My dear friend, ex-OCA student and total guru on all things Dartmoor, Julia saw my plea for info on FB about the plant samples I had collected outside HMP Dartmoor and sent me this:
Row 1 hawkweed or hawkbit / willowherb (Epilobium) / dock (Rumex)
Row 2 Redshank (Polygonum persica) / either buckler or male fern / polypody fern (polypodium vulgare
Row 3 blackberry (Rubus) / hogweed (heracleum) probably / cotoneaster I think!
Row 4 Polystrichum moss probably / Knapweed (centaurea nigra) / either bent grass or meadow grass – at a guess!
in response to this:
for which I shall be eternally grateful.
Apart from the plant material I also collected some soil for my print making.
This is the view from the entrance to HMP Dartmoor which has the trees from which I gathered my material and my monthly leaves (to the right).
Making the dye:
I boiled all the plant material except the Dock, Redshank and Cotoneaster berries in water to which I had added 1T malt vinegar, salt and the juice of 2 lemons in the hope that they would fix the dye somehow.
I then put the 3 remaining ingredients plus the soil in a pestle and mortar and started grinding away. I used these three ingredients to give some texture to the paste.
When the mixture had boiled for about 20 mins, I separated the liquid & blended the solids & this is what emerged:
Th ground paste looked like this:
I was quite surprised because , although the dye was a pink colour in the basin and on the paper:
when it emerged from the basin, it turned green almost instantly:
I printed from the paste onto medium cartridge paper and photographed the images when they were dry:
I then photographed the reflected LED light on the wet prints:
and the photograph becomes the object rather than the print.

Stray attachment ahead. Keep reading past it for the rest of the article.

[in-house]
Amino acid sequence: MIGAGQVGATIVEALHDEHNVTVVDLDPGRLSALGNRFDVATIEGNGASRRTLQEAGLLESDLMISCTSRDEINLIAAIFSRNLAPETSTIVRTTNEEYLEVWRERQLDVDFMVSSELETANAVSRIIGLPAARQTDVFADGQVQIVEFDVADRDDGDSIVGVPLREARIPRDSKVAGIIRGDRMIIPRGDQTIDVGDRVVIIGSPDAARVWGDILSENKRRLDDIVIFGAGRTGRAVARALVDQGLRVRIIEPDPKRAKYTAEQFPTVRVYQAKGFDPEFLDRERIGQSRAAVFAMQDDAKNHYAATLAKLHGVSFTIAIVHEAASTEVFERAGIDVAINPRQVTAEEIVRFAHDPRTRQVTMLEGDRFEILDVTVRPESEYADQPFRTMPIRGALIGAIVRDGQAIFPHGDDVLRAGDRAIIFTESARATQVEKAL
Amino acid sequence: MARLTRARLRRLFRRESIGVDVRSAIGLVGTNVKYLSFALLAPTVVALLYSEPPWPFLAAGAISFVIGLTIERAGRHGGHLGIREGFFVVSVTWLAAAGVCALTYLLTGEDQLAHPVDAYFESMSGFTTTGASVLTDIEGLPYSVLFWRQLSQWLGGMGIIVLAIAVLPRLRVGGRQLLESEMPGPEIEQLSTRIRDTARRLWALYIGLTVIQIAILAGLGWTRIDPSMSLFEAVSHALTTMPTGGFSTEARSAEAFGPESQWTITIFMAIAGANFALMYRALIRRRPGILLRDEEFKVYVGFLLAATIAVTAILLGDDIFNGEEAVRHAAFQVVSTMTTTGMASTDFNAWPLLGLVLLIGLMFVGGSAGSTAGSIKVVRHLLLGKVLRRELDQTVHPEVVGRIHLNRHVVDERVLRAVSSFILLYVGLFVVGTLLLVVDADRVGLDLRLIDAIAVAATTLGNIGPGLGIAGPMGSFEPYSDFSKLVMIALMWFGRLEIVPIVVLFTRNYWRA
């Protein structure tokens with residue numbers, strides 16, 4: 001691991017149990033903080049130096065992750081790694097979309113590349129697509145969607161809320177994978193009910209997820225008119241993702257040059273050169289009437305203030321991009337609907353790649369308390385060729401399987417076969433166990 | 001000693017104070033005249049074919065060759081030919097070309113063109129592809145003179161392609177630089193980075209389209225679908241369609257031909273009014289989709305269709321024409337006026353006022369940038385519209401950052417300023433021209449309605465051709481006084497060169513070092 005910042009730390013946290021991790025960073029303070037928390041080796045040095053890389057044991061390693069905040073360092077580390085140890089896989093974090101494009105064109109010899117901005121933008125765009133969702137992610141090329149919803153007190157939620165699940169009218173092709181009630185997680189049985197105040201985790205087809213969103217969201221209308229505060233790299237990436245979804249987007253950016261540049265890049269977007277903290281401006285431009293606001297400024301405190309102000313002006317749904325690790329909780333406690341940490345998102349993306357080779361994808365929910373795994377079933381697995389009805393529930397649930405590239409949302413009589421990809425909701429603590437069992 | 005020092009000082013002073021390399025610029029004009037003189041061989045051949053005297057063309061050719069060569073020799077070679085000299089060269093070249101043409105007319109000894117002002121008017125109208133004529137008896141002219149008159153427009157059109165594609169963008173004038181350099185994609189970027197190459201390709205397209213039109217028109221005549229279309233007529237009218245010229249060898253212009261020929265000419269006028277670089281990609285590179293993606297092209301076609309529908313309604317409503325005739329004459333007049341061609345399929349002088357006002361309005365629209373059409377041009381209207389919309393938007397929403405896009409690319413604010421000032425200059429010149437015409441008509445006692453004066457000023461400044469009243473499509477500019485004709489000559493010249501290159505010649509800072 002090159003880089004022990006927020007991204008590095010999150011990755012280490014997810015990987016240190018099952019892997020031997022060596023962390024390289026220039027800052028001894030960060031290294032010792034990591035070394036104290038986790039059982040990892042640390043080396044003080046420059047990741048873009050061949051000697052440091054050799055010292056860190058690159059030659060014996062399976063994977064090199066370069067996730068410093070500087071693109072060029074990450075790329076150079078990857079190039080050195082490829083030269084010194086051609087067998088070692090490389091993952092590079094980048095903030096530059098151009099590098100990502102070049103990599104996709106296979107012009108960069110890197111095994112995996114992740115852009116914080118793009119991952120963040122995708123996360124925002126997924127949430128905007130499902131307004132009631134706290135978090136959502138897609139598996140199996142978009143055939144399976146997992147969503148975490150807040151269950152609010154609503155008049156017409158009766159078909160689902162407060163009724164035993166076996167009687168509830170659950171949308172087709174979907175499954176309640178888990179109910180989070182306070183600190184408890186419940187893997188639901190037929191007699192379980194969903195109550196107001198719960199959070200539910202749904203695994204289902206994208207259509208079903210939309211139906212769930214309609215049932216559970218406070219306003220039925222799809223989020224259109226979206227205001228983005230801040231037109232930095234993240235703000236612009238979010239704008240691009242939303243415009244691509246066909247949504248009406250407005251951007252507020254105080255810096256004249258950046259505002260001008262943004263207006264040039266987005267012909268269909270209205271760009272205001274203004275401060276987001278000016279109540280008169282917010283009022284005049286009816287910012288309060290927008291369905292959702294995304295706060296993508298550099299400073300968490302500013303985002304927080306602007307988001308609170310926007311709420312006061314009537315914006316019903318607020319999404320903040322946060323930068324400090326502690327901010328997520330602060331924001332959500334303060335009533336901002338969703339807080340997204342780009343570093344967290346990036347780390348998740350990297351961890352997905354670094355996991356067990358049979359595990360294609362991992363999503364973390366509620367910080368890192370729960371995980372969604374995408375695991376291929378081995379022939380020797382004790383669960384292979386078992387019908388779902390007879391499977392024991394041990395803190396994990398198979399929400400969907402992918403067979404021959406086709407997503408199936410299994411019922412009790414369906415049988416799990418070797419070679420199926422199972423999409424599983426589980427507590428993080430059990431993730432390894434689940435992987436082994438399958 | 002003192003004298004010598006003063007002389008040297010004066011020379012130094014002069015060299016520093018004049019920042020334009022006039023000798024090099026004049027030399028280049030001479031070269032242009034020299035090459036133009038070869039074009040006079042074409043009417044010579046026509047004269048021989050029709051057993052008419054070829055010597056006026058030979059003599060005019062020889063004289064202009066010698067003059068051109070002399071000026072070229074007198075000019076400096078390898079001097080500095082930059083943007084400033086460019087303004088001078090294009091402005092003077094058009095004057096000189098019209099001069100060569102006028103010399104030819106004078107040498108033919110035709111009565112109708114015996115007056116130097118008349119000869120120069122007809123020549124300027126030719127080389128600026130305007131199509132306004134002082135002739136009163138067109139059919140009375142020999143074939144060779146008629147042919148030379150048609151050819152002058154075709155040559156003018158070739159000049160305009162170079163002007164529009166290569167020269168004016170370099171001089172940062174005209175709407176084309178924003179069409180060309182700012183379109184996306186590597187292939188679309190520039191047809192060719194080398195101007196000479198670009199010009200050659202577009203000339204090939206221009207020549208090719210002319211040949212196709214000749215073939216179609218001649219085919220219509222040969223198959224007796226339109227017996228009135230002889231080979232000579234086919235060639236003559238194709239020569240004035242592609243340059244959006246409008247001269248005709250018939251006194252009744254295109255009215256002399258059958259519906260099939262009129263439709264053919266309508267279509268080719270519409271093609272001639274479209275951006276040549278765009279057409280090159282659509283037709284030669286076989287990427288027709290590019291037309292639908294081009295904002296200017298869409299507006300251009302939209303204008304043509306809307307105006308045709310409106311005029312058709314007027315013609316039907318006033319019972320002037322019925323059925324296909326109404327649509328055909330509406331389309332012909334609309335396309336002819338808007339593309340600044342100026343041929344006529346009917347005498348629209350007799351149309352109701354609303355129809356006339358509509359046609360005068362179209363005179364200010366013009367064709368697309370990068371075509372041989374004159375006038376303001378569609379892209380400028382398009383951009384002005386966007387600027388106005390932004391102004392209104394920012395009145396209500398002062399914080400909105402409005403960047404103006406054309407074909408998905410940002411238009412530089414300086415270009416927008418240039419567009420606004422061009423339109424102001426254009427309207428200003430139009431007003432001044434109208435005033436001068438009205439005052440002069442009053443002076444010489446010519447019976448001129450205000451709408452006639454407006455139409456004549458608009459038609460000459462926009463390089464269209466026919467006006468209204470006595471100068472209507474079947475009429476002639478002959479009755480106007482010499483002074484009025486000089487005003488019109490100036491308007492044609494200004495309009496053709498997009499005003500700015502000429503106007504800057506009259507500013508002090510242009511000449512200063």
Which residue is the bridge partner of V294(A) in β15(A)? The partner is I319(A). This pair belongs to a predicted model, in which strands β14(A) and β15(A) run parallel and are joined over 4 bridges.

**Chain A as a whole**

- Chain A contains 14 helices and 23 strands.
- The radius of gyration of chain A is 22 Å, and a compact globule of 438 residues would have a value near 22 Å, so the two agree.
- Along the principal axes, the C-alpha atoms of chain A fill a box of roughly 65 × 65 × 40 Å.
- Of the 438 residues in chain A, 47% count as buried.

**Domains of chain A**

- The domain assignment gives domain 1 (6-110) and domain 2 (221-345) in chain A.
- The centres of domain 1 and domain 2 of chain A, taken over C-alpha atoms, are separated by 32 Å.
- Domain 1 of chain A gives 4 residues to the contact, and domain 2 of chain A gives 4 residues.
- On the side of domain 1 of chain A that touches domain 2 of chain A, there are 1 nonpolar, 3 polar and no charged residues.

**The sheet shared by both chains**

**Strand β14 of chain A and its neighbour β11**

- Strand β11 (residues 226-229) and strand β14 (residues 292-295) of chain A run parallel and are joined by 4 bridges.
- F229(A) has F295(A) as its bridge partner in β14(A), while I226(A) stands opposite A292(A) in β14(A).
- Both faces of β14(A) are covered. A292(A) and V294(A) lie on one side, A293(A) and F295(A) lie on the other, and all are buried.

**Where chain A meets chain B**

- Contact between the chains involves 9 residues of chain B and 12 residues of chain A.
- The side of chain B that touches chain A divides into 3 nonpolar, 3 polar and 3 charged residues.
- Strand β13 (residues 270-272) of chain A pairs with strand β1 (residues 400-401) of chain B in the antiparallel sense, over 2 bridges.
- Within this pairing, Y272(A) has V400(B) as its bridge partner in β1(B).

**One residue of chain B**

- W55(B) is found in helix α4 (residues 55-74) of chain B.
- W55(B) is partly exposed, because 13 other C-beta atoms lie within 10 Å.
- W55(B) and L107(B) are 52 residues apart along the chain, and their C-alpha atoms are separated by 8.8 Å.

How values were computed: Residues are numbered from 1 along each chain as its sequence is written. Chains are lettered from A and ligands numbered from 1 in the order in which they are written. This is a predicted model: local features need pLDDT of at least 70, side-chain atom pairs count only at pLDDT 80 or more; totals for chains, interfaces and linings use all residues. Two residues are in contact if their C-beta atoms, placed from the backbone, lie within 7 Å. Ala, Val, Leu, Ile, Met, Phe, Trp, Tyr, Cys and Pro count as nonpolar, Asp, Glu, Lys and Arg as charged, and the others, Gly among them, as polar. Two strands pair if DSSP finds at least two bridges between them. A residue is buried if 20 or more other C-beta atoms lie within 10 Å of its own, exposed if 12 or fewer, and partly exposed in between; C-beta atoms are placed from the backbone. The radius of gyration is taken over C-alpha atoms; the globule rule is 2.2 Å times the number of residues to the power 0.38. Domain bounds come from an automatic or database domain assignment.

Finally, I made a negative from a B & W image and put them on top of the dyed sheets and have left them in the greenhouse exposed to the sun’s rays. Of course this has now ensured that we will have no sun until next summer!
I moved the combination of negative on dyed sheets and in doing so, shifted the alignment. The inevitable ensued: no print on the dyed sheet but … fabulous imprint on the glass:
While the dyed paper remained resolutely unaffected:
Too impatient to try the solar gram again, I reverted to the cyanotype. I overexposed the first one leaving it out in 3pm sun for 2 hours, and just about got it partially right with the second one which I exposed for 2 minutes in an overcast 3pm absence of sun. I had tested the UV quality by seeing how long it took my husband’s glasses to turn brown – almost instantly – in those conditions.
Reflections on the experiment:
I was quite disappointed with the lighting conditions in the space where I photographed the prints because I could not get the white balance right as the light was coming in from 2 different sources & consequently the print backgrounds. e.g. Figures 8 & 10, are not a consistent colour. I could redo them and control the lighting better but the colours of the dye would have changed.
On the other hand, I had some accidental effects which are rather pleasing as in Figures 12 & 13 where there is a two-tone effect. The ‘gold’ effect in Figures 13 – 15 are created by the LED lights reflecting off the wet paste on the prints. These images make the photo a different object from the print which is quite a discovery for me.
The change in dye colour was also disappointing particularly since the stain on the paper towel has not changed 24 hours later – I don’t understand that.
On a second experiment 2 days later with the same material, I added salt crystals to the fresh prints in an attempt to fix the dye, even though I had added salt and vinegar to the pot while making the dye, but it had no fixative effect.
Notes on making dyes:
Fellow student Gesa Helms recently sent me a link to “How to make dyes from scratch” (Citylab) which has a fascinating take on dye foraging and making stating: “Jason Logan says we have become disconnected from it (ink), much like we are from our food. In fact, he compares the ink revolution he hopes to inspire to the locally sourced food movement.: (Citylab)
“It’s like when you have a carrot and you learn about the farmer who grew it and all the soil conditions,” he says. “It tastes better, but it also has a depth of story, and I think all my inks have a little story with them.”
That story is often attached to a sense of place.” This is also the thinking behind my Dartmoor dyes: in combination the ingredients which come from immediately outside HMP Dartmoor make up the dye and carry a part of the history of the prison with them:”“It’s really fun to pick a spot in your neighborhood and think about what ingredients, if you were to distill them, might be the essence of that place,”(Citylab)
Fabriss, M.: 2012. Anthotypes. Alternative Photography.